The greater part of Israel, led by Jereboam, rebel against Rehoboam (Solomon's son) and the house of David; this is God's doing.
What can I learn from it?
This chapter (esp vv 15-20) provides me with the knowledge of the beginnings of the divided kingdom. In the north, with his capital at Shechem in the hill country of Ephraim, King Jeroboam (son of Nebat, an Ephraimite who had been one of Solomon's officials as per 1 Kings 11:26) ruled over Israel. "So Israel has been in rebellion against the house of David to this day." (v19.) In the south, with his capital at Jerusalem (where the temple and palace were), King Rehoboam (son of Solomon, line of David as per 1 Kings 11:43) reigned over Judah and any such Israelites who lived in the towns of Judah, including some of the tribe of Benjamin (v23). "Only the tribe of Juday remained loyal to the house of David." (v20.)
When Jeroboam and Israel rebelled, Rehoboam set out to make war against them but God sent a prophet to stop the army. " 'This is what the LORD says: Do not go up to fight against your brothers, the Israelites. Go home, every one of you, for this is my doing.' " This verse (v24), along with v15, "So the king did not listen to the people, for this turn of events was from the LORD," (which explained Rehoboam's choice to answer the people harshly) show that even though it was people who were consulting, talking, listening and ignoring, it was God who had formed the plan of events and was seeing it carried through to completion.
There is an immediate contrast with this scene and the first events of the new nation of Israel. King Jeroboam of Israel, faced with the possibility of losing his subjects to King Rehoboam when they journeyed to Jerusalem for temple worship, sought advice also (v28) and decided to build two idols. He lied to his subjects, " 'Here are your gods, O Israel, who brought you up out of Egypt.' " (v28) and enticed them to worship the golden calves in Bethel and Dan, rather than the One True God at His holy temple in Jerusalem. King Jeroboam compounded his sin by building shrines on high places and appointing priests who were not Levites (v31), as well as instituting a religious festival at a time of his own choosing (v33). King Jeroboam thus set the pattern for the nation of Israel's rebellion, not just against the annointed kingship of the family line of David (as they chose another king), but also against God (as they worshipped idols). This is a classic example of sin - it isn't just rebellion against God's choices and will, it is rebellion against God himself.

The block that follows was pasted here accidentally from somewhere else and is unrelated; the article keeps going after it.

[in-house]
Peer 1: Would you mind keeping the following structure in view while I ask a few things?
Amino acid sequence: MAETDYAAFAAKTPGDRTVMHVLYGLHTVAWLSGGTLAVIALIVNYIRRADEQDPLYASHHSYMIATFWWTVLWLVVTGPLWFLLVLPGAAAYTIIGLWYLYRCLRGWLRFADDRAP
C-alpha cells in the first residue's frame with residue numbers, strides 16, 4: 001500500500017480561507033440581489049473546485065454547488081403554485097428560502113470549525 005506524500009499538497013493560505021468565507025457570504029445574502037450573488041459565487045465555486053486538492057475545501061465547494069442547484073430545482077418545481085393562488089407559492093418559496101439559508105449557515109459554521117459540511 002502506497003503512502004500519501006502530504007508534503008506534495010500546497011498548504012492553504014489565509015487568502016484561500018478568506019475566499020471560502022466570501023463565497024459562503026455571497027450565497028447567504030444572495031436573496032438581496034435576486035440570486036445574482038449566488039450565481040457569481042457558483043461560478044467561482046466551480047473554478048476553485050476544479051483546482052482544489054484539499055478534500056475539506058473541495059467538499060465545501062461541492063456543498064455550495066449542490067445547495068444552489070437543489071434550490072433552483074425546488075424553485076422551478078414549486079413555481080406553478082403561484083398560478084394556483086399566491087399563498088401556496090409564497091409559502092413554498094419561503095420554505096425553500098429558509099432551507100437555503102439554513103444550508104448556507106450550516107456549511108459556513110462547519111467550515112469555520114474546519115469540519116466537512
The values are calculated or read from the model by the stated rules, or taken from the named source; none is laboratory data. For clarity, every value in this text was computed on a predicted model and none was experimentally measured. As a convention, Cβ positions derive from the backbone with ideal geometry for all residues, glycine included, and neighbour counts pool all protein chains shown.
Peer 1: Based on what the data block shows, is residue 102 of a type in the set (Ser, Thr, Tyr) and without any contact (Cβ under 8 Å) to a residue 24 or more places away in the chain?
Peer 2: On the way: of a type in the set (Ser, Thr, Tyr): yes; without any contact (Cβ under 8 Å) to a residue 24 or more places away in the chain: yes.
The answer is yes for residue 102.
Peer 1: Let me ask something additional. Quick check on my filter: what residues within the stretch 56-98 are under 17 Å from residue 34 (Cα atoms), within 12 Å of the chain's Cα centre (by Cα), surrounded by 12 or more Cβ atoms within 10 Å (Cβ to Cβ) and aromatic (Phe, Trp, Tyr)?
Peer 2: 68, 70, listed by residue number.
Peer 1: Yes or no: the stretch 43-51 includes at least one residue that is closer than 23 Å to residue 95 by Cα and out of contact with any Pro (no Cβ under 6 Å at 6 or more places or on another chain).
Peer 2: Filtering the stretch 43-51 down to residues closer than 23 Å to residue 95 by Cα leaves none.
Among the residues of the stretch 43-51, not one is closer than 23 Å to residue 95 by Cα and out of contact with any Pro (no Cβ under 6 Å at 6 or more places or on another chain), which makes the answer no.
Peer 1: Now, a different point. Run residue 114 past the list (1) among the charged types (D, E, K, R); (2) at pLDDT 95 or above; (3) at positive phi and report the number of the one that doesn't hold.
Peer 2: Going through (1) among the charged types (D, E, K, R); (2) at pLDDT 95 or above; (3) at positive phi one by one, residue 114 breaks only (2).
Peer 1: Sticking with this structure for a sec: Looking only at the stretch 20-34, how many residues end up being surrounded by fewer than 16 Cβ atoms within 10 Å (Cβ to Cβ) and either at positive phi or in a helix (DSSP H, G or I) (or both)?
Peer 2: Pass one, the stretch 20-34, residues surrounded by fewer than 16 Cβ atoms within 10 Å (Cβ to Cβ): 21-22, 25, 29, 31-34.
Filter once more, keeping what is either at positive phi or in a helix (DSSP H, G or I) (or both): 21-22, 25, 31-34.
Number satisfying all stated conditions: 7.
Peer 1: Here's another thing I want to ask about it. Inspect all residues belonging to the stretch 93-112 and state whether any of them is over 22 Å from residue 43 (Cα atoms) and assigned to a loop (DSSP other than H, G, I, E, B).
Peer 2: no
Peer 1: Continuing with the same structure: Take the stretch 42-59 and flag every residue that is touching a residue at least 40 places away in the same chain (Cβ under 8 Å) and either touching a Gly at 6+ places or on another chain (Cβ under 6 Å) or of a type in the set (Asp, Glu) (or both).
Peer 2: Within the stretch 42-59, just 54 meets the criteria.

How can I apply this to my own life?
The first section teaches me that it is better to listen to the wisdom of the elders than to listen to the advice of my own peers, but that God's will prevails even when we listen to bad advice!
On a more serious note, this passage seems to indicate that how we worship makes a difference, along with the obvious Who we worship. God is pleased when we worship Him according to the true knowledge that He has given us - giving Him glory for Who He really is. It wasn't golden calves that brought Israel up out of Egypt, it was the God of Abraham, Isaac and Jacob. Jesus said to the Samaritan woman (John 4:22-24), " 'You Samaritans worship what you do not know; we worship what we do know, for salvation is from the Jews. Yet a time is coming and has now come when the true worshippers will worship the Father in spirit and truth, for they are the kind of worshippers the Father seeks. God is spirit, and his worshippers must worship in spirit and in truth.' " I must worship the God I know, who has revealed Himself to me through His Son Jesus, not some conveniently made up idol of "I like to think God is like..." Jesus' conversation with the Samaritan woman continued (John 4:25-26): "The woman said, 'I know that Messiah' (called Christ) 'is coming. When he comes, he will explain everything to us.' Then Jesus declared, 'I who speak to you am he.' " Only Jesus Christ makes truth-based, spirit-filled worship of God the Father possible.